Circa 1845 tobacco was an abundant crop in this town and it was of an exquisite quality. The last volcanic eruptions were here and what follows is an account of the diary written by Don Baltasar Perdomo, parish priest at San Bartolomé: "On Saturday, July 31st.l824 the volcano erupted in Lanzarote; the Mayor at the time was Captain Ginés de Castro y Alvarez. On the 29th., at about five in the morning, several earthquakes were detected in many towns around the island, but they were of low intensity. On the 30th. there were underground tremors with small fires spouting from the ground, resembling lightning. Some cracks in the soil were seen that morning around Casa Cortijo, home of Presbyter don Luis Duarte, as well as in the road from Tiagua which appeared to be somewhat larger, while the tremors continued. Some travellers noticed these commotions and then, on Saturday the 31st. at seven in the morning, a dust tornado was seen, located behind a small rock formation near the house of Presbyter Don Luis Duarte. Suddenly a violent and upright column of smoke went into the air from the small rock formation, and the same occurrence from another rock to the east next to the road, only in this case fire and lava were seen running to the east and on to the road. After realising that this was a volcanic eruption, the Mayor ordered a general alarm and the church bells were sounded, and the cannons at Santa Barbara's Castle gave three salvos in order to gather the locals to assist in the emergency around the area of the volcano. He also ordered the Councilman, Dean Antonio Barrios, to come to the site to confirm the birth of the volcano and inspect its progress, and at the same time give help to the inhabitants who needed it the most. After doing what he was ordered, Dean Antonio Barrios reported back to inform about the incident. At about half past eight, the Commissioner of Taos reported that around midnight a great tremor was detected in the area, followed by another four or five minor ones and that the smoke coming out of four places had abated somewhat. However the rumbling was more noticeable than other occasions when the smoke to the East spouted out for two hours. The Mayor tried to confirm this report with the neighbours from Tiagua, who were sure about the smoke and the noise but did not notice the tremors in spite of having guards around the volcano area. Smoke continued to come out all day with changes in colour, going from dark to light and vice versa. Presbyter Don Jose Perez said that around nine a very perceptible tremor was felt and events continued without major changes, except in the colour of the smoke, which was whitish at the time, and so night came under these conditions. On August 21st. the smoke was unchanged but it became denser in the evening, later some cracks appeared where the east and central mountains meet and smoke continued to spout from them while big bangs or rumblings were heard underground until sunset. The 22nd.started with a very dense and fetid smoke and at about seven in the morning, water begun to pour out of the existing cracks and creating new ones, and coming down the mountains in such quantity that the sand and rocks could not absorb it, but it was able to run its course without major incidents. The Mayor came to the volcano to inspect the running water and found it to be very salty. The water was probably a consequence of the great amount of steam produced by the smoke and the stones in the mouth of the crater that he inspected, which looked like an enormous planter with even walls, and the continuous smoke hitting these walls made them sweat the water that in turn fell back down into the crater. On the north face he could also observe water coming out and that immediately evaporated on the lava, while smoke and water were pouring out from other parts of the mountain, and at the top he could see many different colours, like a field of flowers. He also saw some big cracks that were impossible to cross, he then ordered some bottles to be filled with water, seal them and then send them to Santa Cruz and Canaria in order to carry out some experiments. On the 29th. the day begun with an increase in the smoke and around noon a great noise was heard in the centre of the island to the West, then a tremendous explosion without warning or tremors before it, and a new volcanic eruption occurred between the towns of Tinajo and Yaiza; the smoke could be seen from the waterfront in Arrecife. The running melted lava sounded louder than the sea pounding the rocks on the shore; stone, sand and smoke were hurled into the sky all the way to the clouds. The sand was coming back down at distances over ten kilometres away and the lava was running like melted lead or tar. On October the 1st. the volcano was as violent as the day before, even more so, and on the 4th. the lava reached the shore and went into the sea, literally frying all kinds of fish and shellfish that came floating to the surface; the water was so hot that it was impossible to step into it"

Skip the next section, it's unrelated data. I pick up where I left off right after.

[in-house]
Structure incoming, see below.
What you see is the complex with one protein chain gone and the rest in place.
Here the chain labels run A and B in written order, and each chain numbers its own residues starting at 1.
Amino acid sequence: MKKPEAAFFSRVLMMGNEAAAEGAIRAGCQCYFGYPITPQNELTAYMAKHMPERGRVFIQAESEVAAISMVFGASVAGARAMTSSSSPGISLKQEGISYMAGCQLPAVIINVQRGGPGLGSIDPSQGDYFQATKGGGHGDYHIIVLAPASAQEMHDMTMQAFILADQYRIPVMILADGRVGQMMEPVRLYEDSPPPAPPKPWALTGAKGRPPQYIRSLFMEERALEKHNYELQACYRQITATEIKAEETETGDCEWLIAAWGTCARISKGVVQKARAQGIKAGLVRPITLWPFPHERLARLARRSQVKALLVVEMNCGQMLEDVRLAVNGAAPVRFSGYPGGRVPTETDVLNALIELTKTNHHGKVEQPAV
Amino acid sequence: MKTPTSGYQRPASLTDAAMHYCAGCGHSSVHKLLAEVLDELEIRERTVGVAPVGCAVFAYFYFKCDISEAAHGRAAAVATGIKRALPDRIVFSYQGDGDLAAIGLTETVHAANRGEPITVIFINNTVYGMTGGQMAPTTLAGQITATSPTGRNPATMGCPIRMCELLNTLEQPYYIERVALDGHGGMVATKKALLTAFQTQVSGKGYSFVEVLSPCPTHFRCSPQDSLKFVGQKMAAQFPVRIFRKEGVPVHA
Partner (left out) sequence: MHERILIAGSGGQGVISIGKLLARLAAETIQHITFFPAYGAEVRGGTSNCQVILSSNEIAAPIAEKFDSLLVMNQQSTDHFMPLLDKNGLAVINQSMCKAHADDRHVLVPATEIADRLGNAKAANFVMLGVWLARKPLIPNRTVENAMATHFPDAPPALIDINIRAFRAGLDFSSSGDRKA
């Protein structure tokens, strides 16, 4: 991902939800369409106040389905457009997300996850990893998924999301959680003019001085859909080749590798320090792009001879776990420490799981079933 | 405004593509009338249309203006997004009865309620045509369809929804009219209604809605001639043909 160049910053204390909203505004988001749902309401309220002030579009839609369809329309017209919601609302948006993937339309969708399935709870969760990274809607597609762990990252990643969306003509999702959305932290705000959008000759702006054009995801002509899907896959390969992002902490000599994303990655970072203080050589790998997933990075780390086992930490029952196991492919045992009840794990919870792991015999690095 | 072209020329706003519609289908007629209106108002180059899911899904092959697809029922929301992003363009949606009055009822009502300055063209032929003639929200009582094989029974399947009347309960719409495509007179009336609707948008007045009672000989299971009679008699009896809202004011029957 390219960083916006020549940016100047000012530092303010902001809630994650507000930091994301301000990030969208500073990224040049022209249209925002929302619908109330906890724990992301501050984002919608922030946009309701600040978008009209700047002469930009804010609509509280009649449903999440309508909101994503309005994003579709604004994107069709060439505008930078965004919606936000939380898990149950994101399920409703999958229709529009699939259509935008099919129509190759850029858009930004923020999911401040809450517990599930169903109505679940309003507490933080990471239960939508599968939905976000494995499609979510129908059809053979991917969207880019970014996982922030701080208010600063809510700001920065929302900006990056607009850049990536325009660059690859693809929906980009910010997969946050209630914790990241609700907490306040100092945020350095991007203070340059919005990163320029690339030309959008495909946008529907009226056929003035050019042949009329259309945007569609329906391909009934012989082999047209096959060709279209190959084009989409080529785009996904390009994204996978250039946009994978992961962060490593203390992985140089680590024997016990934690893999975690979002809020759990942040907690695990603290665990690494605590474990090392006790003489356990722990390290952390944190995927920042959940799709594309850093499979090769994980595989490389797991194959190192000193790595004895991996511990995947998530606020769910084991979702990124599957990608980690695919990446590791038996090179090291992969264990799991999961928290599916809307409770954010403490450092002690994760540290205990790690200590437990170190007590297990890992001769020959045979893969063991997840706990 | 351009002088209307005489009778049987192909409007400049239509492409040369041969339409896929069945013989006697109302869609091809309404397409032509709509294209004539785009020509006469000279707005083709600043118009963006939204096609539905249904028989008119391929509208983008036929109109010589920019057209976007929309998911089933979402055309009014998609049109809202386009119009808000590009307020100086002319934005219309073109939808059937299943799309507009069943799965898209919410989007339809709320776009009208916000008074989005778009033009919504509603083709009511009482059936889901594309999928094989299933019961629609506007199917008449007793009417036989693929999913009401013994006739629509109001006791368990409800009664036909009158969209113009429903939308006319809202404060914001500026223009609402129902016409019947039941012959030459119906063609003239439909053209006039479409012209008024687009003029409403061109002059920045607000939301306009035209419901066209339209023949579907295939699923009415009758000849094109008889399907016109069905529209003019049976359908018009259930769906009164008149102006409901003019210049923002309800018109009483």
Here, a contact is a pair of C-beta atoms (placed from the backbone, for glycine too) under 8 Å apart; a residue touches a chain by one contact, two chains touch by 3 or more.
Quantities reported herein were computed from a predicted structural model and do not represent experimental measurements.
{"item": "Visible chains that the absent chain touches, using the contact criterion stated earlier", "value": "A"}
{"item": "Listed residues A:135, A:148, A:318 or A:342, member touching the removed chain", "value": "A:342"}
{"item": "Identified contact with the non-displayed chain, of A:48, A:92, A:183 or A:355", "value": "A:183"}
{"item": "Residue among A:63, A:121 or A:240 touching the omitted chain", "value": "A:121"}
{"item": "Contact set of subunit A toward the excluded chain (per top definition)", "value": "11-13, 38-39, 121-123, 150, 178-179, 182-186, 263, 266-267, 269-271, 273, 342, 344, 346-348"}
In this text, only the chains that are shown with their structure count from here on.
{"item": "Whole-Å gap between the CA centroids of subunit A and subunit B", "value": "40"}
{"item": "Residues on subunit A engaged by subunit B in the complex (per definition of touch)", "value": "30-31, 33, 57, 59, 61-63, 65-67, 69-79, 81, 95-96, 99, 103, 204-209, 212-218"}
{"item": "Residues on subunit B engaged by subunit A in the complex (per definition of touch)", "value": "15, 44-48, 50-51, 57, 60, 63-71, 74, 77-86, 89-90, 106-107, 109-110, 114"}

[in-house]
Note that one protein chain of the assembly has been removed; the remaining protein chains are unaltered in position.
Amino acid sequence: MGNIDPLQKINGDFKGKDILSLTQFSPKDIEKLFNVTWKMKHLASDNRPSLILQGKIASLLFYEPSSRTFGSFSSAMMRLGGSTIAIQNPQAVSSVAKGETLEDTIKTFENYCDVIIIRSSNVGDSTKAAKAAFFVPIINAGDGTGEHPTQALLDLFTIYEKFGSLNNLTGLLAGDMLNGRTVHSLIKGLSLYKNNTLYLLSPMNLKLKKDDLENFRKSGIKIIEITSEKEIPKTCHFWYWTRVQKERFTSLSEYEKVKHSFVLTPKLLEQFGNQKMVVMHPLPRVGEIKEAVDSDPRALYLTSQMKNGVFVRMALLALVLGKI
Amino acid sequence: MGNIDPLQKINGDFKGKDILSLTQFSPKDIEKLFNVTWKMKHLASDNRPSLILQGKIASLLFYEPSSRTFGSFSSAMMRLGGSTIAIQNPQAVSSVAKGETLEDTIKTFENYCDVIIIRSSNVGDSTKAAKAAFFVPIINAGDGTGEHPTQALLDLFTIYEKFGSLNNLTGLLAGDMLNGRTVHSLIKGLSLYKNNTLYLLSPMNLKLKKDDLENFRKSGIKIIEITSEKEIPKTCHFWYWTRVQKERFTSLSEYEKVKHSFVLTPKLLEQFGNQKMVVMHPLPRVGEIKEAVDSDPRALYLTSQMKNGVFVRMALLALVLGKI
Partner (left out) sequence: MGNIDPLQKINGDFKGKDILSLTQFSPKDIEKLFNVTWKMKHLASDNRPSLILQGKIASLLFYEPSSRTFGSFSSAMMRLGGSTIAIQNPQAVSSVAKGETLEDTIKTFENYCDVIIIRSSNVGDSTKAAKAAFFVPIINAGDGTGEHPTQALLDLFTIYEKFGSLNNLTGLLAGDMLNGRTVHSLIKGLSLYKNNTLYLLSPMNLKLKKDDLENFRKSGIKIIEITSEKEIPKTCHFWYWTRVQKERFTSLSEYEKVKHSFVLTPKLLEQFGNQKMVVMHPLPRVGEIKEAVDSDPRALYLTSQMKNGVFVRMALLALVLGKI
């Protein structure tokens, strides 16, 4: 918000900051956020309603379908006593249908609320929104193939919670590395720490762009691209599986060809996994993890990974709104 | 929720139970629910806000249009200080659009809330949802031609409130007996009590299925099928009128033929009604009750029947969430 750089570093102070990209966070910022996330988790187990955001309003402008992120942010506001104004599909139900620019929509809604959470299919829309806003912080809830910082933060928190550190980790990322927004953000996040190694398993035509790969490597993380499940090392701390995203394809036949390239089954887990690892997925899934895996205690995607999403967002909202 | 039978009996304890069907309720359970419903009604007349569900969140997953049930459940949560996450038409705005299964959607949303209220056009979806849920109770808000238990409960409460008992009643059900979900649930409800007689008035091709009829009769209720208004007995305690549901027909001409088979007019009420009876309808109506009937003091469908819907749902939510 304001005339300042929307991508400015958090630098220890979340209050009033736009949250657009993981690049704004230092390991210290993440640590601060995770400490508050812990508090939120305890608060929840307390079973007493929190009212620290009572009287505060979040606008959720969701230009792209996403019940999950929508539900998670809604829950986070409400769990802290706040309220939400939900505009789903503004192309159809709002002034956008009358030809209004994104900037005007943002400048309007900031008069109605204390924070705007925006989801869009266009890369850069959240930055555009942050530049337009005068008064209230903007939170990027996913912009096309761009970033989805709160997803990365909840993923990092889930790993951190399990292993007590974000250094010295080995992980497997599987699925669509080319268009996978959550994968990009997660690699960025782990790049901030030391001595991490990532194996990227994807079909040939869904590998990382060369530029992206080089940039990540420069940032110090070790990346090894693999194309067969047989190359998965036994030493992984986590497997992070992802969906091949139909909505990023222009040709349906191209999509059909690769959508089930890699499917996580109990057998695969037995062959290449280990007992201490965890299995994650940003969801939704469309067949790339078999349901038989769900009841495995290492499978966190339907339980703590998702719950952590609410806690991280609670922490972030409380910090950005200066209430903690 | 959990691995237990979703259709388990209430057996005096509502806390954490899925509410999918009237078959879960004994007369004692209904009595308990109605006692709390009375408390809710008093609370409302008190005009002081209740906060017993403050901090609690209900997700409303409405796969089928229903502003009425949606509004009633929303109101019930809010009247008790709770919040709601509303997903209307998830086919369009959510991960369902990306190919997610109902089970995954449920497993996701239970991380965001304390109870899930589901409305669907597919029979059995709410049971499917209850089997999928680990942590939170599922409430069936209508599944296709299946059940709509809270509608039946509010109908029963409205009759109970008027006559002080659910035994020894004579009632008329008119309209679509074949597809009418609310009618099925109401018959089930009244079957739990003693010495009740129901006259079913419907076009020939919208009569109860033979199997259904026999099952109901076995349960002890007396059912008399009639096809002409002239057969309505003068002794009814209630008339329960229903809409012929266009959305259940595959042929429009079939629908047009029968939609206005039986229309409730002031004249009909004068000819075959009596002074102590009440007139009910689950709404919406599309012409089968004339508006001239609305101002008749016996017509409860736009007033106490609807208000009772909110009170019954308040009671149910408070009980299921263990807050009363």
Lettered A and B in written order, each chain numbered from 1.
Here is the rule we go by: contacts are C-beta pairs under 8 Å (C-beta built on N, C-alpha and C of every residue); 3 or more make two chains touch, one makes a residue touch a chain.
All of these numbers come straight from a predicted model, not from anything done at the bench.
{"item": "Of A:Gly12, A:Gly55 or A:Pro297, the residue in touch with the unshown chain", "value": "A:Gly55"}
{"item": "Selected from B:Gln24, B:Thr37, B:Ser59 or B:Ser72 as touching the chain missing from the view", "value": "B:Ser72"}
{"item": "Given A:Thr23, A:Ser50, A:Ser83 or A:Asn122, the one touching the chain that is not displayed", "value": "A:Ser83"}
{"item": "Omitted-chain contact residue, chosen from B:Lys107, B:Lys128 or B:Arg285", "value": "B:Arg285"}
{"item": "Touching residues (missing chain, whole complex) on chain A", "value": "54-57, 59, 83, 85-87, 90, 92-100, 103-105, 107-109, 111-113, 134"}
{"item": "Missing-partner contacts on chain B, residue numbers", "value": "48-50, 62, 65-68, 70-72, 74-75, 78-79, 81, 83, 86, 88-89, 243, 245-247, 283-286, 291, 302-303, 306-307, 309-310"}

According to the distinguished geologist Don Telesforo Bravo, the water coming out of the cracks on the ground was actually boiling underground water from the sea, searching for a way out. After these volcanic eruptions, the Mayor, showing an extraordinary generosity, donated all of his funds to buy wheat in order to feed the hungry islanders.